Here’s what I came up with: Nothing.
I’ve been in locker rooms as player, coach and reporter for huge chunks of my life. It’s not a sexy atmosphere.
If Sainz was in any of them, sure, I’d note to myself her beauty, but I wouldn’t act on it. I wouldn’t clown around and make junior high jokes about her. It’s just not the place for such hi jinx.
Heck, that’s what blogs like this are for.
That some Jets players acted the way they did diminishes them more than even their sloppy Monday night loss to the Baltimore Ravens.
You mean professional football players in New York City needs to making leering comments at busty reporters to get their jollies?
What? Have all the groupies simultaneously danced back to their stripper poles?
I just don’t get it.
Maybe I’m just stupid. That’s yet another pejorative ascribed to women who labor under the burdens of being born beautiful.
People just automatically assume beautiful people are balloon-headed dunces.


Happens to me all the time.

Friday, August 15, 2014

My summer job: Latrobe tour guide



 “Help! My daughters cast a spell that turned me smaller than an Arnold Palmer golf ball and there’s a grasshopper coming to eat me!”

I wish I could have shared that line with you earlier this week, but I’ve been busy playing tour guide.

That’s what happens when you live in Latrobe when the Pittsburgh Steelers are in town for training camp.

The picture was taken behind the front desk of the Marriott SpringHill Suites hotel, a place I’ve spent so much time the staff is starting to ask me when it’s my turn to bring donuts.

It happens every summer. Out-of-town buddies plan a Latrobe pilgrimage to see the Steelers, play golf and meet Arnold Palmer.

They expect me to arrange all this.

I try my best.

The Steeler camp, man, that’s a cinch. They let anybody in.

It gets tricky when they want me to arrange golf at Latrobe Country Club and introduce them to Arnold Palmer. They think we’re so buddy-buddy I can invite myself over to Palmer’s house for drinks after a freebie round of golf.

They are mistaken.

If I were that close to Palmer I’d devote my entire existence to conniving a way to get him to alter his will so I’d get a healthy cut of it for my greedy little self.

But sometimes that’s the way it works out. Just this week I had a friend from Florida visit. We’d met a couple years ago on a Mississippi golf trip. We hit it off and made plans to stay in touch.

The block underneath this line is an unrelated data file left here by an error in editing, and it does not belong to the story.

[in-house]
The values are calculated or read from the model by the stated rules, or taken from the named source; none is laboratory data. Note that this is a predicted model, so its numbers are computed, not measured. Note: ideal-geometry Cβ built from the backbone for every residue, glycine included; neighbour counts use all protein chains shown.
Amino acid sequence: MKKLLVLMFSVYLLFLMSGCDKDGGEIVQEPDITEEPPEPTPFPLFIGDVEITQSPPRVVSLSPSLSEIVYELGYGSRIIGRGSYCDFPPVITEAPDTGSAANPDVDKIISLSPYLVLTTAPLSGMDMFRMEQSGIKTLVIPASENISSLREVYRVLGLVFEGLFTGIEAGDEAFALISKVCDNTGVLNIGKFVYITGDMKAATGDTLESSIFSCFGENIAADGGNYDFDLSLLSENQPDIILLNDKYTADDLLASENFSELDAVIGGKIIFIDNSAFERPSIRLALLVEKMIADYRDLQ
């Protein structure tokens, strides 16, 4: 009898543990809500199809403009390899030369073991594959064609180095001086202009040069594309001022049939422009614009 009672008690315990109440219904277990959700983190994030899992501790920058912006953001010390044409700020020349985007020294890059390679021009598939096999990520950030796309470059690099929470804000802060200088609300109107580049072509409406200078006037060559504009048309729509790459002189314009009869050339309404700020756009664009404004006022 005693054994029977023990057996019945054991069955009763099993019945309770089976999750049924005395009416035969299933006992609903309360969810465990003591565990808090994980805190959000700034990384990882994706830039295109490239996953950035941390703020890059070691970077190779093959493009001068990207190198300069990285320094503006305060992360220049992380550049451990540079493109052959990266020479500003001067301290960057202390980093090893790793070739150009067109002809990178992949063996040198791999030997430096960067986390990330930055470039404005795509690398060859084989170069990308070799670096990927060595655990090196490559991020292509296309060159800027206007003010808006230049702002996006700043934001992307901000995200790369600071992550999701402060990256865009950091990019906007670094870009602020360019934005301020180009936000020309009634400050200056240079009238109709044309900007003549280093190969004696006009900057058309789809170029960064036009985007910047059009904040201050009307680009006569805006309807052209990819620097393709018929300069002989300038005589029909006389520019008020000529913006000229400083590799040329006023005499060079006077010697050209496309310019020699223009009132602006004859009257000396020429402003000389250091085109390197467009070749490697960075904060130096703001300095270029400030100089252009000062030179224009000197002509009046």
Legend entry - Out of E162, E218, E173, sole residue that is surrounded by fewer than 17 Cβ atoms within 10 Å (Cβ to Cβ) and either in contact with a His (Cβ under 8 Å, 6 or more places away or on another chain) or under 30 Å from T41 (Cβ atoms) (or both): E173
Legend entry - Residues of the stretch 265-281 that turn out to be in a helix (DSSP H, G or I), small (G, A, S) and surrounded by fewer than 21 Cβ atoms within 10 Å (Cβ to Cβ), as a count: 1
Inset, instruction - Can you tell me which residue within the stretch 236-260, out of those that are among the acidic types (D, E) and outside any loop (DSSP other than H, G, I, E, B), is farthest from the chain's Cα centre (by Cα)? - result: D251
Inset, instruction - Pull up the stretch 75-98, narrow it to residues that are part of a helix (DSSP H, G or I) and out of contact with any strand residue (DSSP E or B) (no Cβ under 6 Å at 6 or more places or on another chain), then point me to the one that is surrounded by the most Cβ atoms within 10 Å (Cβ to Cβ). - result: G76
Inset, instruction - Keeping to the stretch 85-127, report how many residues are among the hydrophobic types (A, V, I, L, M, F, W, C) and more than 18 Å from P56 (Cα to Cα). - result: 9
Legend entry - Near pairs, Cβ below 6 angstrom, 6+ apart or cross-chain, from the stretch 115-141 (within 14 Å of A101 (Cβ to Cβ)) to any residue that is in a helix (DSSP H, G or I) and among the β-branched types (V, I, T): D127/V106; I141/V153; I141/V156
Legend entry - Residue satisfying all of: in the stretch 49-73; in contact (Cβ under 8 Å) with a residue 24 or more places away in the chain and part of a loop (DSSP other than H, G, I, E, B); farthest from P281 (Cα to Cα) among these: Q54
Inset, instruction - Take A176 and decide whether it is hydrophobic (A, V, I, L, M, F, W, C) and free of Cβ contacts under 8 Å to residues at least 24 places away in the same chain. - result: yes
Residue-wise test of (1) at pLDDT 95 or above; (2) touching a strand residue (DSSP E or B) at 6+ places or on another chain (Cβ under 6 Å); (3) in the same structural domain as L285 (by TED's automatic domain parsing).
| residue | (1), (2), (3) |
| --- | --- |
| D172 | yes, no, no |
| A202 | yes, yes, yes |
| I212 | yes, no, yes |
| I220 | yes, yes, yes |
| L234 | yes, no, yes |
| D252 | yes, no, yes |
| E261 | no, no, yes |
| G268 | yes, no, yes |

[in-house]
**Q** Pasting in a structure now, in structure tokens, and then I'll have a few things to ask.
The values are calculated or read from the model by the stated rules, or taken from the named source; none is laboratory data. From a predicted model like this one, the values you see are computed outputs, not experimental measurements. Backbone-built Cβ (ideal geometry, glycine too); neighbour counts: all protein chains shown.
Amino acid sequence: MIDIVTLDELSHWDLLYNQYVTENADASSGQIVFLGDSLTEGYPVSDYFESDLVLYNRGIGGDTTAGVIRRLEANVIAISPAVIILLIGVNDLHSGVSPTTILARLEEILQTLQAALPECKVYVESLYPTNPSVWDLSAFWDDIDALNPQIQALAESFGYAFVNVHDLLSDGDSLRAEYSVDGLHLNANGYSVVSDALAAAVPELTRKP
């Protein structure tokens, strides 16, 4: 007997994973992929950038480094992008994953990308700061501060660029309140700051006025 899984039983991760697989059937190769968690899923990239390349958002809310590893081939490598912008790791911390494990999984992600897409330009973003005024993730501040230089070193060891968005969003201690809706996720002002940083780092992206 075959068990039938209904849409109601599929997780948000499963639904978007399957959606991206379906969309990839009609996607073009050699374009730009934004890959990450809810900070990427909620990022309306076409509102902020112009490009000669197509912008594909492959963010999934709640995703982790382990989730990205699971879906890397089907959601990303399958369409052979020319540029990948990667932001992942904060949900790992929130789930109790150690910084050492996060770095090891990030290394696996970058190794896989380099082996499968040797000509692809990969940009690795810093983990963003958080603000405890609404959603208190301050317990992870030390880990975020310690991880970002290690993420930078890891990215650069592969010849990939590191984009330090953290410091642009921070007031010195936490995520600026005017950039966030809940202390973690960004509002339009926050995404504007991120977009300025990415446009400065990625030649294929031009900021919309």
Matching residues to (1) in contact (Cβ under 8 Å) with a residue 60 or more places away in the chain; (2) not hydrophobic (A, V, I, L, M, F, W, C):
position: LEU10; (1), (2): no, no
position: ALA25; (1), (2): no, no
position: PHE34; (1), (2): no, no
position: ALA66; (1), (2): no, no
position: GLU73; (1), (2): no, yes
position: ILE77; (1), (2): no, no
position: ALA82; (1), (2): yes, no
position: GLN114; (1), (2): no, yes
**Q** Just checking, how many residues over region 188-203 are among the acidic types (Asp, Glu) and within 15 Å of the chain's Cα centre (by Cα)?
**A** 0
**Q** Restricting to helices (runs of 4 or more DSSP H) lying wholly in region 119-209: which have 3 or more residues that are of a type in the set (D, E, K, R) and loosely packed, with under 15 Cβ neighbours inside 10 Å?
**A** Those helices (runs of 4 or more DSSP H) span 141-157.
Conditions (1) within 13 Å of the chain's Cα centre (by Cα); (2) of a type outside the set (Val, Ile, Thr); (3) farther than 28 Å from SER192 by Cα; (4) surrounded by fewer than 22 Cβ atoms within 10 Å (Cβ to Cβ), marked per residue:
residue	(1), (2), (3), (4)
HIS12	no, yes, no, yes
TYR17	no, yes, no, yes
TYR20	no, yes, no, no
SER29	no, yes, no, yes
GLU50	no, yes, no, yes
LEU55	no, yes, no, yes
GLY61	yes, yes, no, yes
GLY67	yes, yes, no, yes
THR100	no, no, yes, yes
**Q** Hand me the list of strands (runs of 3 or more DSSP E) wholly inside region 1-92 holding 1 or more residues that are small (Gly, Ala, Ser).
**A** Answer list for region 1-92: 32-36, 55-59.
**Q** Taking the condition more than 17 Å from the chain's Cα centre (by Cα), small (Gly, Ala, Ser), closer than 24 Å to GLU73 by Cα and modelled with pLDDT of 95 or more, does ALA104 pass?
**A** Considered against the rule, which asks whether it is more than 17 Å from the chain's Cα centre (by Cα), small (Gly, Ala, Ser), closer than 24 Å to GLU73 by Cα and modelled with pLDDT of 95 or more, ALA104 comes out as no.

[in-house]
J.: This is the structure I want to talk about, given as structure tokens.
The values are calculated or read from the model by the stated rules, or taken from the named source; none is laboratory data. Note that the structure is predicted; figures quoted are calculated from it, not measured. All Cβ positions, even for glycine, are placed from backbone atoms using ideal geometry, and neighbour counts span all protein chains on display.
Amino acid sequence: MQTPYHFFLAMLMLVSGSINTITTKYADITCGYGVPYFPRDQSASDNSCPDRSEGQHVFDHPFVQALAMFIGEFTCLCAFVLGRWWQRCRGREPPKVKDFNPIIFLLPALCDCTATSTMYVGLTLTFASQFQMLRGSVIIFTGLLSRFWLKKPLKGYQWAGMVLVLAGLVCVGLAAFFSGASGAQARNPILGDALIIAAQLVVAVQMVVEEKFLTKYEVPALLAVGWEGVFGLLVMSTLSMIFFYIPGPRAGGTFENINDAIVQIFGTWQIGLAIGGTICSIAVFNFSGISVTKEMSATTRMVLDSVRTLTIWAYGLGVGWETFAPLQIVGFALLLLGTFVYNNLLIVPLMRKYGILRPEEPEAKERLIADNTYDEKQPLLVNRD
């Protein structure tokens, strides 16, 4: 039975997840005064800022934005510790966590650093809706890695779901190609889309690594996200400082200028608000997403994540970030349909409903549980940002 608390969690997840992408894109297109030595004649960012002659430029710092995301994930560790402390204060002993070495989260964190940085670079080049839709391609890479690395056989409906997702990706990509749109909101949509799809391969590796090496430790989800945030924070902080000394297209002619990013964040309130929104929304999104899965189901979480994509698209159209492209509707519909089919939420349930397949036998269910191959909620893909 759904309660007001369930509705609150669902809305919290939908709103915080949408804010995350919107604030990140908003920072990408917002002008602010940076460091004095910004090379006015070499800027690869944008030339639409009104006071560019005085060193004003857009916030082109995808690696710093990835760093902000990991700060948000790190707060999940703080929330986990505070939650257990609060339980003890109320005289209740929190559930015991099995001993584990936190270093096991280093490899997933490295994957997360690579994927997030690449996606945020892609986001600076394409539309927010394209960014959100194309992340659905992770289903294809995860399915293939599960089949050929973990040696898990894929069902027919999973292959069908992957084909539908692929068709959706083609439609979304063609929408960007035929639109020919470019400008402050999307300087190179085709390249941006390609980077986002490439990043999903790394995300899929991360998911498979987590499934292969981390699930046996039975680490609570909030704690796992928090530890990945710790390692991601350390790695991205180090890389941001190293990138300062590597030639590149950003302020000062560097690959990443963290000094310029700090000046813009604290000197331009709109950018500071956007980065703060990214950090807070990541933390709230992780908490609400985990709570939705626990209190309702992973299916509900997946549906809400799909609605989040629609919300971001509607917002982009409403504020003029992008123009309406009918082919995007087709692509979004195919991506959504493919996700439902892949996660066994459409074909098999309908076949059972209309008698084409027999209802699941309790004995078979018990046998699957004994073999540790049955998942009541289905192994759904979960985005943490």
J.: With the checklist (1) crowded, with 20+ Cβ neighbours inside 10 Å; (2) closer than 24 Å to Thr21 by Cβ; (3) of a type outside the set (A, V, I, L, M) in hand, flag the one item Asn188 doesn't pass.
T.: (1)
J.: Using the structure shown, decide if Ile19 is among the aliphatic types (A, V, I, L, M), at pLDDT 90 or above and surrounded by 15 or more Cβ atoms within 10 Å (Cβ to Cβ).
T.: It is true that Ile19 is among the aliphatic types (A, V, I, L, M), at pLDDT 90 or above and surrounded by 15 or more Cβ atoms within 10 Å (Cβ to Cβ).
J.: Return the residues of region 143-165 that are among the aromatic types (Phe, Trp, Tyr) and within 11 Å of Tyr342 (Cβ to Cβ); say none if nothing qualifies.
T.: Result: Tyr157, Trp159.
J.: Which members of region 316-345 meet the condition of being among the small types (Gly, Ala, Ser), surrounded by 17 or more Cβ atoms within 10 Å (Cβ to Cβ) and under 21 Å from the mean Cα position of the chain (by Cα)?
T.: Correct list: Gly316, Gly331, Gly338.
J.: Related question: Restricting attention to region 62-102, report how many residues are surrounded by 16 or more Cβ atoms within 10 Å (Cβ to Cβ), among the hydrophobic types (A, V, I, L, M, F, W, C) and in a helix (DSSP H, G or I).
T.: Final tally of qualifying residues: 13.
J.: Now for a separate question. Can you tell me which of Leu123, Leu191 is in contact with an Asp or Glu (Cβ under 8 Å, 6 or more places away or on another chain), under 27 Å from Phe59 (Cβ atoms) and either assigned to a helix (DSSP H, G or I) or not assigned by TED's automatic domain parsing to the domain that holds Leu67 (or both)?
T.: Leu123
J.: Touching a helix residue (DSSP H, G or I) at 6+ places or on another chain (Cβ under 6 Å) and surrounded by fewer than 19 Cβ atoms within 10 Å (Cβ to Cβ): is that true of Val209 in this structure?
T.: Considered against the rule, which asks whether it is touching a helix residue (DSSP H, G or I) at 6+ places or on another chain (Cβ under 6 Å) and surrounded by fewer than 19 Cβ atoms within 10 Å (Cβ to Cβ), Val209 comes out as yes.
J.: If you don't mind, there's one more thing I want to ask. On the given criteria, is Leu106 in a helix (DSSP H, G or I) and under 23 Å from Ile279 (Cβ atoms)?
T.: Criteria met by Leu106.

He’s Andy Reinstetter and has what most consider a dream job. He travels the globe golfing for free. 

His AndyGolfTravelDiary blog does well enough that he can usually secure free golf from top clubs and lodging from sympathetic hotel GMs.

He once had a traditional corporate job and one day woke up and said, “Screw this, I’d rather golf.”

He doesn’t earn much loot, but he’s one of the most cheerful and self-fulfilled gentlemen I’ve ever met. And he’s the biggest golf nut I know.

How big? During the day when I toured him around Latrobe he wore knickers and carried a hickory shafted golf club everywhere we went.

Needless to say, I didn’t take him to The Pond.

We spent Wednesday night at the Marriott and met Jimmy Robinson, a former NFL wide receiver who showed us the knuckle-busting Super Bowl ring he won coaching the ’11 Green Bay Packers.

He was so friendly I barely begrudged him for beating the Steelers that year to win the ring.

We couldn’t golf the next day because the club was hosting a political fundraiser U.S. Rep. Tim Murphy, but I was able to get Andy a full tour of the Palmer offices, the warehouse and clubhouse.

And, yes, he got to meet Arnold Palmer.

And U.S. Rep. Tim Murphy!

I was personally thrilled to meet Murphy because how often do any of us get to in person berate a House Republican? He was all by himself on the putting green (the other golfers had already started their rounds).

And I did, indeed, give him hell.

He started right in with the friendly chat and cut him off and said, “What are you, a moderately conservative Republican, doing to earn the support of someone like me, a moderately liberal voter, who thinks Tea Party conservatives are the biggest obstacle to sensible governing?”

He told me he’s concentrating on issues important to our district and that he, a practicing psychologist, is on the forefront of improving America’s mental health.

I told him that’s what I do, too!

I told him about my book. We exchanged cards. I’m going to send him a copy of “Use All The Crayons!” and a request that he put me in touch with mental health groups that need lively speakers.

I told him helping me would be a practical two-fer: He’d be improving America’s mental health while simultaneously boosting the humble fortunes of one of his district’s most beleaguered taxpayers.

Andy was taking the notes the whole time. He does a lot of that. That and taking pictures. He’s going to do a segment about me and his visit to Latrobe.

I’m very flattered.

He left Wednesday, about six hours before the arrival of my nephew and his girlfriend. Their three-day tour concludes Saturday.

That should be it until next summer when it’ll start up all over again.

I’m, for now, glad it’s about to end. I didn’t earn any money the last two weeks spending so much time pretending I’m a Latrobe tour guide.

I’m eager to get back to again not earning any money pretending I’m a Latrobe writer.


Related . . .





Wednesday, August 13, 2014

Suicide is painless? R.I.P. Robin Williams

I’m not the guy who brings it up, but I am the guy who always has a ready answer anytime someone asks me how I’d do myself in. It’s an idea I stole from a once-cheerful Pittsburgh restauranteur whose business went under and was never heard from again.